• Reason #2: It costs more for a harder cover. I guess for second it seems plausible, but in most hardcovers, it's really just a hard-ish cardboard. And how much does cardboard cost? At most scrapyard, it is basically free. The binding material is the same, so there's no plausible way you could argue changing the cover from fabric-covered cardboard to a thin paper saves the publisher enough money to slash the prices by ten dollars.
  • Reason #3: Exclusive content: I'm pretty much referring to Stuart Gibbs's books. As you know, he's gained enough popularity that B&N is making exclusive editions where the cover is shiny and there's 32 pages of goodness at the end. But if you think about this, paperbacks always come out with preview chapters of the next book. It may not be the same, but it's all exclusive.
If you've bought James Patterson's books, the cover art is printed right onto the book, and those type of books sell for about 9 dollars too. I say we try to convert paperback books to these type of hardcover books where the art is right on it. They're cheap, save us money, and I experience my love for hardcover books without a book jacket to worry about.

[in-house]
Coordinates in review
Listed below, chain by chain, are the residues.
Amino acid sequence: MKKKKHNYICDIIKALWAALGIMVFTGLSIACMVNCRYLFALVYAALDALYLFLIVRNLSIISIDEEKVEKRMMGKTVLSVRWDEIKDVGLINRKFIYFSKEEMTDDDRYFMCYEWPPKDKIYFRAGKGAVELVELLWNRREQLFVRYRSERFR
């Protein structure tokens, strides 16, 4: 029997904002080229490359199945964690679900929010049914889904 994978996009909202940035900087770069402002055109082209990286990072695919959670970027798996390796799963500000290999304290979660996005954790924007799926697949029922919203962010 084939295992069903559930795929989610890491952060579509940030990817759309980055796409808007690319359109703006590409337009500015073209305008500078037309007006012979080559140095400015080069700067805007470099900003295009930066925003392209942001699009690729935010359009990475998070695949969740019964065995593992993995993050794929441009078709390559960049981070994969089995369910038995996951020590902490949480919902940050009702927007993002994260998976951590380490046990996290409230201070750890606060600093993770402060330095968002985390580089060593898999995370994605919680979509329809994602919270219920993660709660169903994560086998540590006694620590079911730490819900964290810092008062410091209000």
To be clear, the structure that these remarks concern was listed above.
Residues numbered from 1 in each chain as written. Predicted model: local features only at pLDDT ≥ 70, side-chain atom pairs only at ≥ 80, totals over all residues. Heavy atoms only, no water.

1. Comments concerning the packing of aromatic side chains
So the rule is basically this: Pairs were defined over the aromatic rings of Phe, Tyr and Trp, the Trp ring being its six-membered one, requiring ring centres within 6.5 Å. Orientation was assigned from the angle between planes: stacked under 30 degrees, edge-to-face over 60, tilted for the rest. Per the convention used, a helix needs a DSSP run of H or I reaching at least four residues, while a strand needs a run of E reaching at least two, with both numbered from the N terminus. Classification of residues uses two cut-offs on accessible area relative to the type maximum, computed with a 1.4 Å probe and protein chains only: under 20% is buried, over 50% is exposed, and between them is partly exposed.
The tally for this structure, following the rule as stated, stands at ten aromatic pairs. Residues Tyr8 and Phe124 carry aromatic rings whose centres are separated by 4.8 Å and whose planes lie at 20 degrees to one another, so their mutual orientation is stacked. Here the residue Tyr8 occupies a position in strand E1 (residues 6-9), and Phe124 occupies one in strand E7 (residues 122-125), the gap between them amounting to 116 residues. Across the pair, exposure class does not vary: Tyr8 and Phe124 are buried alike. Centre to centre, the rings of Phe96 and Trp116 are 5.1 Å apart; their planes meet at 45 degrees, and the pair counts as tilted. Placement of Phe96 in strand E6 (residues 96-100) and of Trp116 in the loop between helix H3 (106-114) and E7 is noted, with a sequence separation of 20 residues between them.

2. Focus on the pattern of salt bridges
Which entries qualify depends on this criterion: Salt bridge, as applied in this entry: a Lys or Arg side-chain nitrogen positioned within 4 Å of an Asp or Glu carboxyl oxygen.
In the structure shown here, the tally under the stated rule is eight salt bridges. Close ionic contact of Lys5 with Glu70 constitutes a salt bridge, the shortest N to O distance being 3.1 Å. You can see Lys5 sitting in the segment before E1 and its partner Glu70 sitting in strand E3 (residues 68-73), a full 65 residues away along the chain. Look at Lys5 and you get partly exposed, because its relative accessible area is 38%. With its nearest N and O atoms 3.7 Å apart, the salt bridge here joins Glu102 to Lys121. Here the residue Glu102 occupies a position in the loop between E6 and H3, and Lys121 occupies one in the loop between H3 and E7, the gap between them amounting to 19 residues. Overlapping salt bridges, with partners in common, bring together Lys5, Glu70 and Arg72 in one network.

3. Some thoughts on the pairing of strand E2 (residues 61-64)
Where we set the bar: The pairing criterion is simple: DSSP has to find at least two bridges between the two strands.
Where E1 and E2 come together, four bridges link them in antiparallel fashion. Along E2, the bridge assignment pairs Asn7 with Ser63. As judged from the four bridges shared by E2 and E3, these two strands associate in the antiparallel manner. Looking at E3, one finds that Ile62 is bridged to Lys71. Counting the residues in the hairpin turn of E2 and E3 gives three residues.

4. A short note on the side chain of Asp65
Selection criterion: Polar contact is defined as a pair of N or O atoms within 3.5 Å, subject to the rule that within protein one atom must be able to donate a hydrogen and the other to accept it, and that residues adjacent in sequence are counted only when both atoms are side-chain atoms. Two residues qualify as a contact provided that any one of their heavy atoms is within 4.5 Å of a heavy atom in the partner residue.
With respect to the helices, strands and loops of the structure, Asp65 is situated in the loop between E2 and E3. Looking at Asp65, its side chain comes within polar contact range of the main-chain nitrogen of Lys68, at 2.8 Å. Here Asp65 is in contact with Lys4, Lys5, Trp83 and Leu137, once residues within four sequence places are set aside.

Reading this over, I realized I could make a whole new post over paperback books. Oh well. Do you relate to any of these pet peeves of mine? Leave a comment about your thoughts, and again, help me spread the word! I'm planning on doing an 8k post (yes we've reached it! About two weeks ago lol) to thank you guys, and at 10 thousand.... well there's going to be something special.Thanks! 

7 comments:

  1. I have a question here.........are you going to continue Erica's POV? I thought it was pretty good.

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  2. Jaz-

    Mehhhh. Really? Wow, a lot of people seemed to like my crossover fanfic more? That Erica POV is so old lol. Hmm, I think I'll release more of it on Tuesday? But today, the FunJungle/Spy School one is coming out so...oh well. I don't even know where that document is, but yeah it was a good idea, just never got around to finishing it, which I will ASAP.